By: Farah Harajli
If you’re planning a move to Senegal — or anywhere abroad — one of the best things you can do is evaluate what home comforts (or more important things like OTC medication) you’ll need throughout the year. Because while a relative or friend may be able to mail a bottle of Advil to you in most countries, the postal system isn’t as straightforward in Senegal — even in Dakar.
You might be thinking, “Well, that’s OK, because I can use DHL.” And it’s an intelligent assumption, but DHL’s capability is unfortunately on par with that of the local carrier, La Poste de Senegal. As you might’ve learned while reading about taxis in Dakar, Senegal doesn’t use address numbers or street names the way they’re used in nations like, say, America. This is navigable while you’re physically in a taxi, able to direct the driver using your own map app, but it’s obviously near impossible when a courier has a parcel for you and only knows your general neighborhood.
This is where a local number becomes necessary. It’s generally convenient for other day-to-day activities like networking and communicating with your landlord, but if you ever want to receive a parcel or even a letter addressed to you, you must have a +221 number, and you must ensure that the sender writes your number on the piece of mail (this is usually required on all global customs forms, anyway).
My tip is to simply send your items to yourself, if possible, ahead of moving to Dakar. By “items,” I mean things like toiletries, dry foods, medication, or other things that you know you won’t be able to find in Dakar, that won’t fit into the luggage you’re already taking, and that you can maybe pack a 6–12 months’ supply of for ease — by packing a large supply, you won’t run out before your next visit home.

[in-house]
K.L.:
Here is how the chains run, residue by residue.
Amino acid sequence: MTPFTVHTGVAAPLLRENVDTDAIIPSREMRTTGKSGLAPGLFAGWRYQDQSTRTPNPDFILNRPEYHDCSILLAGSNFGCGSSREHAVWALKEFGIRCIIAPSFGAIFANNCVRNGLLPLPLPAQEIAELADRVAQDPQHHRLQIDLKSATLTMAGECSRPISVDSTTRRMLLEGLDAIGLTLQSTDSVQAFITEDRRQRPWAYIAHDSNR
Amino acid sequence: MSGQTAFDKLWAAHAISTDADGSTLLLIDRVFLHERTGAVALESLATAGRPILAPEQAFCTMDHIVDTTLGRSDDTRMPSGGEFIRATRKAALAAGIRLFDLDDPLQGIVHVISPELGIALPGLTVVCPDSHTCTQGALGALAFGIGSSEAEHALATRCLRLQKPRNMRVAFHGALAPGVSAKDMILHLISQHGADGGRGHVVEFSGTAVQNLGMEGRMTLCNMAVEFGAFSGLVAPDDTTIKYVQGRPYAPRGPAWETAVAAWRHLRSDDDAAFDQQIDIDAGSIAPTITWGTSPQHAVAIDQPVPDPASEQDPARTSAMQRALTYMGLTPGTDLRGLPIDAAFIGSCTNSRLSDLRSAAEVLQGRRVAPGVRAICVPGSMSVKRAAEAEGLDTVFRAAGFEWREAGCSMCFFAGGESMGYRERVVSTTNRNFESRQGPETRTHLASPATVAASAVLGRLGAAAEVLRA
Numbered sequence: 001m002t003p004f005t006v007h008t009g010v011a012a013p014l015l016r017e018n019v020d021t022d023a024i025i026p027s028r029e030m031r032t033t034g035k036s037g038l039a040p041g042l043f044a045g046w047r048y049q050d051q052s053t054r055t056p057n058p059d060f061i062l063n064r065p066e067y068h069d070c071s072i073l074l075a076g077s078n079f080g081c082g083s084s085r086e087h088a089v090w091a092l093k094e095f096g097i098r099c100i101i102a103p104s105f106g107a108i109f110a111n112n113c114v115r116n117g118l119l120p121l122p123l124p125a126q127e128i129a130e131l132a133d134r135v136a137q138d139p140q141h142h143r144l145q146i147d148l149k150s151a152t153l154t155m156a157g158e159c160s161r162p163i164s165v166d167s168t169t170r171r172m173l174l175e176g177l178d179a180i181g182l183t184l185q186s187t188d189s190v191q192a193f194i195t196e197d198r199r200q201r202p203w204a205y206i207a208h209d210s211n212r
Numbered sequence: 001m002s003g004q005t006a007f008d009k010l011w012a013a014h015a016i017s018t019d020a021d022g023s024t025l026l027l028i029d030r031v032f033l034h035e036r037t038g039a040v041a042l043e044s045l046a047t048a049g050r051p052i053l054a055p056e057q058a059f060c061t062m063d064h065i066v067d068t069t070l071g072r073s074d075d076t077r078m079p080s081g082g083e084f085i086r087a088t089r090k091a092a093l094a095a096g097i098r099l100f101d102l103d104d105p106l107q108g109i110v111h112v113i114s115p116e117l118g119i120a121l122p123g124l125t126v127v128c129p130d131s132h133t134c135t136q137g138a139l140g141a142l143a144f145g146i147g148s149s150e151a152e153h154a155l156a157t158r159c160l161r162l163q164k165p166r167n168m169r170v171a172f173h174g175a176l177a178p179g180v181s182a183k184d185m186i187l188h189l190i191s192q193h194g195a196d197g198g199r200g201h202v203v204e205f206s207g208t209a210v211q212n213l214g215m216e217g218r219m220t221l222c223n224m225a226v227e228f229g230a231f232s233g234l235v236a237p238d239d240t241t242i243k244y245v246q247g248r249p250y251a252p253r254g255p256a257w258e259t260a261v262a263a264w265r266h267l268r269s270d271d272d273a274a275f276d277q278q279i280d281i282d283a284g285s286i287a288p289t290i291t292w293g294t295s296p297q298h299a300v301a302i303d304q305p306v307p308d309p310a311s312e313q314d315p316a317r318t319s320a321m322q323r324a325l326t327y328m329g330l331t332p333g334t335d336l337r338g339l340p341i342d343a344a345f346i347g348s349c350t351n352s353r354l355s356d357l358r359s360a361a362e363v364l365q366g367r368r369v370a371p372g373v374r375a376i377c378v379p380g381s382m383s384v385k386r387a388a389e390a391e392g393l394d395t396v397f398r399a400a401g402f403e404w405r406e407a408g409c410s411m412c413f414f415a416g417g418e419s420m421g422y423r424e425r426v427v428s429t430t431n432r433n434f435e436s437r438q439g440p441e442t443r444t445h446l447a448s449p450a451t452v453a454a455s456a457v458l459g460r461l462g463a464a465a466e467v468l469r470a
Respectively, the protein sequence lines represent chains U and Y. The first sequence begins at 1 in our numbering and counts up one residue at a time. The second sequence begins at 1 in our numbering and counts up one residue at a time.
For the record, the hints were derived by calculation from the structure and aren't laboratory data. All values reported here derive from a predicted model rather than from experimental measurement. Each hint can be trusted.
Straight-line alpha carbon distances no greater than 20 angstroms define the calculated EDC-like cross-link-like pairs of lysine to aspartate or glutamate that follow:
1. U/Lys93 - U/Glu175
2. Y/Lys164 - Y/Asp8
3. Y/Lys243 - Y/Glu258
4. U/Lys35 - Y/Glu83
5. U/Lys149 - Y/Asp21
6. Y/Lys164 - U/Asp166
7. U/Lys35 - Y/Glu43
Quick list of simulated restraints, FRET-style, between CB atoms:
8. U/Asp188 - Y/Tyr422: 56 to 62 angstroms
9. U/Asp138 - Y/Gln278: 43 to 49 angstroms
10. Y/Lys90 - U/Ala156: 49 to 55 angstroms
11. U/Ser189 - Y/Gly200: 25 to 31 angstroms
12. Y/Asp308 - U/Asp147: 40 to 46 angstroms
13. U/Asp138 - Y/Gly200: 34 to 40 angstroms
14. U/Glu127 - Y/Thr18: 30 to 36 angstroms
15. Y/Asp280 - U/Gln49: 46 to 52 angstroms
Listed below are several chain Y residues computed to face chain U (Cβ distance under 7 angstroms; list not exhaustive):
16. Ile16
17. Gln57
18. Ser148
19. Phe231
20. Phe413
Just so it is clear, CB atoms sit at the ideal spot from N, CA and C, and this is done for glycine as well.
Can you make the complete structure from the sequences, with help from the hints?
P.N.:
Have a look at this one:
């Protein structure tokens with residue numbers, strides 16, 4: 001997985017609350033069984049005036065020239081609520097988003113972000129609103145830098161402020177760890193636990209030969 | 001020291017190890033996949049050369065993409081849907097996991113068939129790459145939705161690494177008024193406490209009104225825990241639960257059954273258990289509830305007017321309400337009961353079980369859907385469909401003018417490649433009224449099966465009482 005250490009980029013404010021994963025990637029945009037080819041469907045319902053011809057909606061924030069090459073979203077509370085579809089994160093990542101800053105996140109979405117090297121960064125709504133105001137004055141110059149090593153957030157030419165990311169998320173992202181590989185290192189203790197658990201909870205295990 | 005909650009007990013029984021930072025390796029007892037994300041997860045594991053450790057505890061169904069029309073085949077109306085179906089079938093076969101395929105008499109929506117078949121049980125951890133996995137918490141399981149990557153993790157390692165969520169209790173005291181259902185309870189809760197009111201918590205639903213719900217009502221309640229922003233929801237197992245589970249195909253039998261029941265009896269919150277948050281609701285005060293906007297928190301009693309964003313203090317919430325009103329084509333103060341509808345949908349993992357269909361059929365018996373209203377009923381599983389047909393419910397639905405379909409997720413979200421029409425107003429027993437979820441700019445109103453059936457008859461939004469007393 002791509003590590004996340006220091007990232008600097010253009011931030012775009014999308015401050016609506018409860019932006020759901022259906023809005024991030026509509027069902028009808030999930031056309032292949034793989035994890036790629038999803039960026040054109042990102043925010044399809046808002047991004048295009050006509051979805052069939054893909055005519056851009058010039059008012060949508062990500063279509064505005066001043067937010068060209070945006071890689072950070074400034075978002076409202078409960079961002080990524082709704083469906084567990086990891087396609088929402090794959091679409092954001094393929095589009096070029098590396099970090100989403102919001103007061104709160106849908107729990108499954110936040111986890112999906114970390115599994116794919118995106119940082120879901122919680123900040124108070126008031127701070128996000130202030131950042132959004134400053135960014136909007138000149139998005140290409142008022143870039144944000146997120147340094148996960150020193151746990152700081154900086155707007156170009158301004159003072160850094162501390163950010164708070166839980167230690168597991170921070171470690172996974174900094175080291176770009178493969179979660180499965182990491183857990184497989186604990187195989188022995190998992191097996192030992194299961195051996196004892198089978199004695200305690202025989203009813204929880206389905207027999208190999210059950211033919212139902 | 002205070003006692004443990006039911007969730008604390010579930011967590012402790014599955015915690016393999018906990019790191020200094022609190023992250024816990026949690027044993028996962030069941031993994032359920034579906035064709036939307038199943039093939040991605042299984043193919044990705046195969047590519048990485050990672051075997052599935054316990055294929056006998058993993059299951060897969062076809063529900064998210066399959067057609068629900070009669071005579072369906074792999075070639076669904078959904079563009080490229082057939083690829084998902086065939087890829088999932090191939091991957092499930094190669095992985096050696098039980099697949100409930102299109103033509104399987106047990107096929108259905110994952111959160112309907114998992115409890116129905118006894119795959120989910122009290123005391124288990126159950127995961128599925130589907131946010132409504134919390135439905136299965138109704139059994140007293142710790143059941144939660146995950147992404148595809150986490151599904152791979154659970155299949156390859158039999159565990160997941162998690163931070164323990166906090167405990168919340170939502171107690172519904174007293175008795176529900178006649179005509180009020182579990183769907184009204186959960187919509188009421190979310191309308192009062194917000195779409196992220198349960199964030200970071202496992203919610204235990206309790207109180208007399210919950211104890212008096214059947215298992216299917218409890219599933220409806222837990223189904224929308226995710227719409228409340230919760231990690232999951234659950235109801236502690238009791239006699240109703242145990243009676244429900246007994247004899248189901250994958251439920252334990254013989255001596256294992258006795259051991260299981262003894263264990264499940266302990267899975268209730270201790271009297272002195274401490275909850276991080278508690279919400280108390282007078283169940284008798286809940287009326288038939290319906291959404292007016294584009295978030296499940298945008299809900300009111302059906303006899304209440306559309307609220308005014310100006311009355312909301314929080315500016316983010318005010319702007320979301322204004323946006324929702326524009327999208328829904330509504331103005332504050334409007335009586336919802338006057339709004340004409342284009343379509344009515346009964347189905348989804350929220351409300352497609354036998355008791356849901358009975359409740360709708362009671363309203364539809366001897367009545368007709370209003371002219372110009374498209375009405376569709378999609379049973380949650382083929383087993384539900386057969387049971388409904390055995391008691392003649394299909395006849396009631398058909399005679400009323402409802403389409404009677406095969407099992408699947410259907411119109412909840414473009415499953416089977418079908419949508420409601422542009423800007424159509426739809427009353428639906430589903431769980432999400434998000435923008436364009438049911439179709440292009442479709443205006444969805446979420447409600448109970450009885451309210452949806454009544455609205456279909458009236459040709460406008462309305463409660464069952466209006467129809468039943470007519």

Alternatively, if you don’t have a local address or number ahead of time, you can pack the items and prepare the shipping labels once you arrive in Dakar so that a family member or friend can print them in your home country and send them using DHL.
DHL, by the way — for which the main Dakar office is located in the Mad Max–style abandoned airport near Ngor — might charge you what they call a “route fee,” but which I call parcel blackmail. Depending on which aviation route your belongings took, the Dakar office will hold your item until you trek to their far-flung corner in the Middle of Nowhere to pay whatever price you can negotiate them down to for your own stuff. If you don’t want to burden yourself with this waste of time, best to call your country’s DHL center ahead of time to ensure you choose the right route (e.g., not the one through Brussels).
Just want to receive letters and small parcels and such? There are a couple options for this.
Again, if you have the sender write your phone number on the letter, it should be fine. But for those instances where someone is sending you a surprise card or forgets to contact you before sending, you can rent a P.O. box at one of the three main La Poste locations in Dakar for a small monthly fee. The slight inconvenience is that all three locations are toward the Plateau rather than spread throughout the peninsula, but this isn’t that bothersome considering the alternative is not receiving your mail at all.
Similarly, if you’re planning on staying in Dakar for a year or more, it’s highly preferable to be able to collect your mail in one place, at your convenience, versus playing phone tag with a courier the moment something arrives.
Living in Senegal is an adventure, and receiving post — while something we don’t often stress about in other countries — is a quirky part of it. My number-one recommendation is to completely immerse yourself in the experience by adapting to Senegalese toiletries and home goods, or just venturing to the expat grocers in Mermoz and Les Almadies to find a suitable toothbrush. But sometimes, a birthday card from a loved one or a simple reminder of home really is worth all the trouble.